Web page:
Men might fit into the popular ideal of what a freelance digital professional looks like. But in the coworking world, women are giving this stereotype a run for its money.
The Global Coworking Survey found that “most coworkers are in their mid twenties to late thirties, with an average age of 34. Two-thirds are men, one third are women.”
But some communities exist in complete opposition to these statistics. And those spaces that are predominantly male are very interested in reaching out to connect with what some consider the untapped freelancing audience: women.
Attracting talented, motivated women to coworking must be done delicately, however. Coworking space owners must not perpetuate damaging perceptions by thinking that a few women-only events and some girly decor will do the trick.
Liz Elam of Link Coworking, a space in Austin, Texas, that enjoys a majority of female members recommends developing services that would attract any hard-working, bread-winning professional: “Coworking is very popular in Austin, women were looking for a space that they connected with and felt comfortable – Link is that space. When women find what they want they tend to tell all their friends so word of mouth has been the primary mode of spreading the word.”
Elam credits Link’s clean, comfortable personality and an emphasis on personal connection with its ability to attract more women members than men. “I’ve visited over 20 Coworking spaces worldwide and I can tell you everything you need to know by looking at their bathrooms and kitchens. When someone comes in, greet them. It’s very un-nerving to interrupt a work environment and first impressions make a huge difference”
For Susan Evans, community manager at Office Nomads, attracting women has more to do with the people who make up the community rather than the space itself.
“Truthfully, I can only say that we attract women into the space by having other women in the space. I think women feel most comfortable when they’re not the only female. I’m pretty sure that it’s easier to bring women into the space when either one or more of the managers/owners/operators of the coworking space is a woman.”
Office Nomads is in a different position from Link Coworking, with only about 30 percent female members. Evans said that what might seem like obvious strategies to introduce female entrepreneurs to coworking aren’t always the smartest.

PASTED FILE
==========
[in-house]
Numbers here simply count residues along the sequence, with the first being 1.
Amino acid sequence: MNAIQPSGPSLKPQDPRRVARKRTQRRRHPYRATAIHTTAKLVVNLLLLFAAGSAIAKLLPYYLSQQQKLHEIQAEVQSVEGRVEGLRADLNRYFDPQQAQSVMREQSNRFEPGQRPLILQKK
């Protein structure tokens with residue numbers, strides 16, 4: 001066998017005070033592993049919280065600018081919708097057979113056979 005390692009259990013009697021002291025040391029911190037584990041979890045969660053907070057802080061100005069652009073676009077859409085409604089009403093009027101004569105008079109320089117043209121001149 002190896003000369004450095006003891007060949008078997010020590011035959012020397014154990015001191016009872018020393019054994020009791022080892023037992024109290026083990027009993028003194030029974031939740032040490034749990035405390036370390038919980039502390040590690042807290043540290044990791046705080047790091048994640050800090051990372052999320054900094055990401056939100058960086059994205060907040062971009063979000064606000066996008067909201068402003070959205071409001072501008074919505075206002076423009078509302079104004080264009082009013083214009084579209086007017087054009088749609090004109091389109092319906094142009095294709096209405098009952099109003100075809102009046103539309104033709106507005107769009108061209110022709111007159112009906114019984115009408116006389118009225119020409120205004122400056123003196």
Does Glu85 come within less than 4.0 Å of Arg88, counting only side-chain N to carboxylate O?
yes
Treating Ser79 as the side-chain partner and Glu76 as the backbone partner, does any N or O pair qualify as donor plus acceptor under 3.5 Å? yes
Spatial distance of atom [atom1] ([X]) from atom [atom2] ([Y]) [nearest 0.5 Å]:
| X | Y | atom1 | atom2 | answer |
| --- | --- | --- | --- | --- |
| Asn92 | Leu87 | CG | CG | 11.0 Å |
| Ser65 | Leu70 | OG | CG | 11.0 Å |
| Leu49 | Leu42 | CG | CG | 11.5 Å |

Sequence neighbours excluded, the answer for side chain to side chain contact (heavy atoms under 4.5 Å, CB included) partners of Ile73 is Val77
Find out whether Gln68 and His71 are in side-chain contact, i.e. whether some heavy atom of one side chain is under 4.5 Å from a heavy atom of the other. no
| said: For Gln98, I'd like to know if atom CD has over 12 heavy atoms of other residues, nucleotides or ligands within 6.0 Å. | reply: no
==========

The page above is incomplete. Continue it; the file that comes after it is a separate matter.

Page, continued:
“In the earlier days, I tried to go to some women-specific networking events, but didn’t find that process all that successful. I have found the best conversations about coworking have just come up in casual conversation with friends or folks at events. I truly believe that the best source of finding other female coworkers is having our current female members out and talking to their friends.”
Rayanne Larsen of Work Spot has also found that reaching out to females in the community at large is a great way to share the message of coworking with ladies who would be an asset to the space.
“I’ve tried to work with women that are in positions in companies/organizations/
Another benefit of having women on staff and as part of your core membership is that they can help demonstrate the myriad unique ways that female professionals use coworking to meet their needs.
Women, by their very nature, wear more than one hat at any given time. Women are professionals, moms, sisters, wives, business owners, employees, teachers, students, and leaders. All at once. Finding a way to address more than one of those roles only increases the benefits of becoming involved in your community.
“One interesting (and small) group of our members (I believe one woman and one man) have come in as spouses of medical residents who have relocated to Seattle for their residency,” said Evans. “These spouses (again, not always women) often have negotiated to have flexible jobs, and as they don’t always know a lot of people in the city have enjoyed having our coworking space not only as their work-base, but as their social-base as well. ”
“I have found that I really enjoy putting people and talents together, so I take those that I meet, listen to what they have to say and see where I can bring that back to someone else,” continued Larsen. “I try to partner with women that know things I don’t -which is a lot! I also have been able to utilize my business experience to offer advice or opinions. (I even used my mommy talents by taking care of a member’s son for 2 hours while she conducted a client meeting in our conference room…I can’t imagine that happening over at locations owned predominately by men).”
If you’re a fairly new space, it’s important to think about positioning your brand in a way that will be appealing to members of both sexes. Shelly Leonard of Conjunctured speculates that the way the community presents itself online has a lot to do with its ability to attract female members.
“Actually, offering free day passes and making that pretty prominent on our website has helped us attract the most women,” said Leonard. “In Austin (and by looking at our membership page), I think they get the idea that coworking is primarily male so it helps to come in and actually try it out; get a feel for the space and see if they’ll fit in with the crowd.”
Quick Tips For Attracting Female Members
- Think light, bright and clean when designing or decorating your space.
- Approach each day as if you’re welcoming people into your home.
- Not all events need to be about WordPress or hacking, think of what women in business are interested in!
- Build long-term relationships with women-centric organizations and offer your space for their events.
- Make a point to hire female staff members.
- Empower female staffers and members to speak about coworking to their personal and professional connections.